This paper has attempted to illustrate how applets can broaden the investigation of mathematical relationships and reach beyond mere algebraic manipulations. The ability to investigate, conjecture, test, and pose new questions in an electronic environment is important to the development of understanding. Beyond this, such investigations are enjoyable for students. For instance, students mentioned the box problem in their weekly Calculus 1 journals and two examples are provided below:
''This last week we learned of Indeterminate terms and L' Hopital's rule. Did quite a few examples on how to perform the rule, contionued [sic] this for four days, then I think we made boxes. I believe that I learned how to do L' Hop's rule fairly well, hopefully I could do well on a test, and the box making was fun and surprised me in that you fit it into the lesson. I enjoyed the interactivity.'' - Charles
''This week we learned about maximum volume of boxes and solved a pretty cool problem involving James Bond and Bombs. I love these sorts of problem-solving and I hope that we do more of it in the future.'' - Dan
Our goal has always been to get students to think that problem-solving is fun and the interaction between building physical boxes and the computer applets helps students draw essential mathematical connections. The lessons that can be drawn from these activities bolster students' perceptions that mathematics is eminently useful and applicable to real-world phenomena much more than the typical box problem shown in many of the calculus texts available on the market.
But is that as far as one can go into the world of boxes? We should also mention that this problem of optimal box building could be further extended by including the tab to affix the sides of the box to each other without the use of a taped joint. At one level, our discussion has focused its attention on construction of a minimal shipping container of the Regular Slotted Container type; however, if we were to introduce the requirement of a tab it does impact the problem. It should be noted that there are general governmental guidelines for the width of such a tab but 1 1/4 - 1 1/2 inches is typical. For specific guidelines about tab regulations, one should check the Fiber Box Handbook (Fiber Box Association, 2005), the National Motor Freight Classification (NMFC) Item 222 (American Trucking Association, 1970) for common carrier motor freight shipment, or the Uniform Freight Classification (UFC) Rule 41 (Dolan, 1991) for rail shipment. In any case, we think that after exploring the box problem through these applets, students might be better prepared to think how to construct a RSC containing tabs (as shown in figure 5) with maximum volume?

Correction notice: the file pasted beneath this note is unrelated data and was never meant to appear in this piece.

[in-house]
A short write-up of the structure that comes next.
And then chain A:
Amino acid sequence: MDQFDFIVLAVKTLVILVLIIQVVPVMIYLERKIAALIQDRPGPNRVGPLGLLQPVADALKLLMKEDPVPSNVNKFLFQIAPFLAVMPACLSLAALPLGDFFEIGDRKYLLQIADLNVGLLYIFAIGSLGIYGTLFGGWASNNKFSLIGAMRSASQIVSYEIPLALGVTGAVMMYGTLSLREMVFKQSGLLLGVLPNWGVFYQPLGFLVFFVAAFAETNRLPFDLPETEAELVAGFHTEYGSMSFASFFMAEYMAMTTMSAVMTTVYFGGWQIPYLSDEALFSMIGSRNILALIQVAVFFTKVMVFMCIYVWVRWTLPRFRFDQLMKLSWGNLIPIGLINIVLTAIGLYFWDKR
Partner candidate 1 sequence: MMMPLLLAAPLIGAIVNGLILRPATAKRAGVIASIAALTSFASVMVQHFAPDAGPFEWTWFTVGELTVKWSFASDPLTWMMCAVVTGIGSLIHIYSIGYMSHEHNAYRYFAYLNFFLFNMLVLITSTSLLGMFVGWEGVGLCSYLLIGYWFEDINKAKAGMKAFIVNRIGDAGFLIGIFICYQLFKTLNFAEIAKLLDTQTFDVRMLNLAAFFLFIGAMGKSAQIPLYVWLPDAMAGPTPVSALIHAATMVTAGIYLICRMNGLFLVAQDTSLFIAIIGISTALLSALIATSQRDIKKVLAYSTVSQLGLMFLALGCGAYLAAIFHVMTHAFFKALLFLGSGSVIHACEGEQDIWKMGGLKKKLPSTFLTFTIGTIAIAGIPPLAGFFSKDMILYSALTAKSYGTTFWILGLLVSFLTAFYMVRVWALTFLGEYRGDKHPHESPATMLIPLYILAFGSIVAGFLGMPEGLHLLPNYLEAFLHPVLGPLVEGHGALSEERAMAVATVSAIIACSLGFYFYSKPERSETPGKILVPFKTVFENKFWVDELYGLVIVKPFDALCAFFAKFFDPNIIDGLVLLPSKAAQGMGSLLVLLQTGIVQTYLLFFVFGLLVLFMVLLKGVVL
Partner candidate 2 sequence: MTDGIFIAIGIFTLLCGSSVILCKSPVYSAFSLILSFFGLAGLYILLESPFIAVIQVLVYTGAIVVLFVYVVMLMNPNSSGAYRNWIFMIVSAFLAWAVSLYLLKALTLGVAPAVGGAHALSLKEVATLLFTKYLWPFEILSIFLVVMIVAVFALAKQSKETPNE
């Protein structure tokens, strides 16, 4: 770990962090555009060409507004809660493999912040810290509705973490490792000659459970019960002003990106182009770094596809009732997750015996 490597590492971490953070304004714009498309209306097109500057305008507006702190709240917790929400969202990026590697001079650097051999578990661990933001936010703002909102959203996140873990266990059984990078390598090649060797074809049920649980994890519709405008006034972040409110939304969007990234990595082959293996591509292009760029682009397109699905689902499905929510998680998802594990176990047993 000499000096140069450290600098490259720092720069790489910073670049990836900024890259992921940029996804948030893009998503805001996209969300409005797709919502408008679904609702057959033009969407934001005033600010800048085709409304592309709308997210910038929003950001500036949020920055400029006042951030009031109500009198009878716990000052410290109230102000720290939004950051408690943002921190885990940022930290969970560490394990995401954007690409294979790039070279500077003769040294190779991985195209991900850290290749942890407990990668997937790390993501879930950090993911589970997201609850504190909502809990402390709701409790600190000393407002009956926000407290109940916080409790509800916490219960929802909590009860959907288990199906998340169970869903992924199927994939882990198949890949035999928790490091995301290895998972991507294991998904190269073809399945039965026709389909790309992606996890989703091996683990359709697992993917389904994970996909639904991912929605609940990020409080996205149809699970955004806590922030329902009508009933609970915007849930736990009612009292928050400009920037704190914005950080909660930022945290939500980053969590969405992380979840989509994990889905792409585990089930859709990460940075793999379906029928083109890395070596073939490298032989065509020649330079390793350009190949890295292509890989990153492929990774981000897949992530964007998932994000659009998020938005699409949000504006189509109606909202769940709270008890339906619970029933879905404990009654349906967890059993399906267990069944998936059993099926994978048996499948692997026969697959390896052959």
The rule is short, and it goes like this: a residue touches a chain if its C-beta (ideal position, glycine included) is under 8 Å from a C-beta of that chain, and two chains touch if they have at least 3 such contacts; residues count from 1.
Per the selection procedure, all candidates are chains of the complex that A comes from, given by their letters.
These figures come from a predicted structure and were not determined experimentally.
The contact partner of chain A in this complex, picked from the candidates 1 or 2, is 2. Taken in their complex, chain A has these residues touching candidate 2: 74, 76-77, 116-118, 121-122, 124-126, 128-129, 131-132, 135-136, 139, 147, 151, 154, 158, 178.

Beyond even looking at a tabbed RSC, the world of boxes is much more encompassing. In this paper, we have focused our attention on the most popular box, a regular slotted container, but there are a host of other types of boxes fabricated from a single piece of corrugated cardboard that students can investigate, including:
Figure 11: Other types of boxes manufactured from a single piece of corrugated cardboard
Each of these boxes would provide an opportunity to extend investigation and gain a better sense of the issues behind box construction. We certainly hope that this paper hasn't boxed you in but rather opened your eyes to the ways boxes can be used to help students see the ability of calculus to play a meaningful role in examining real-world problems.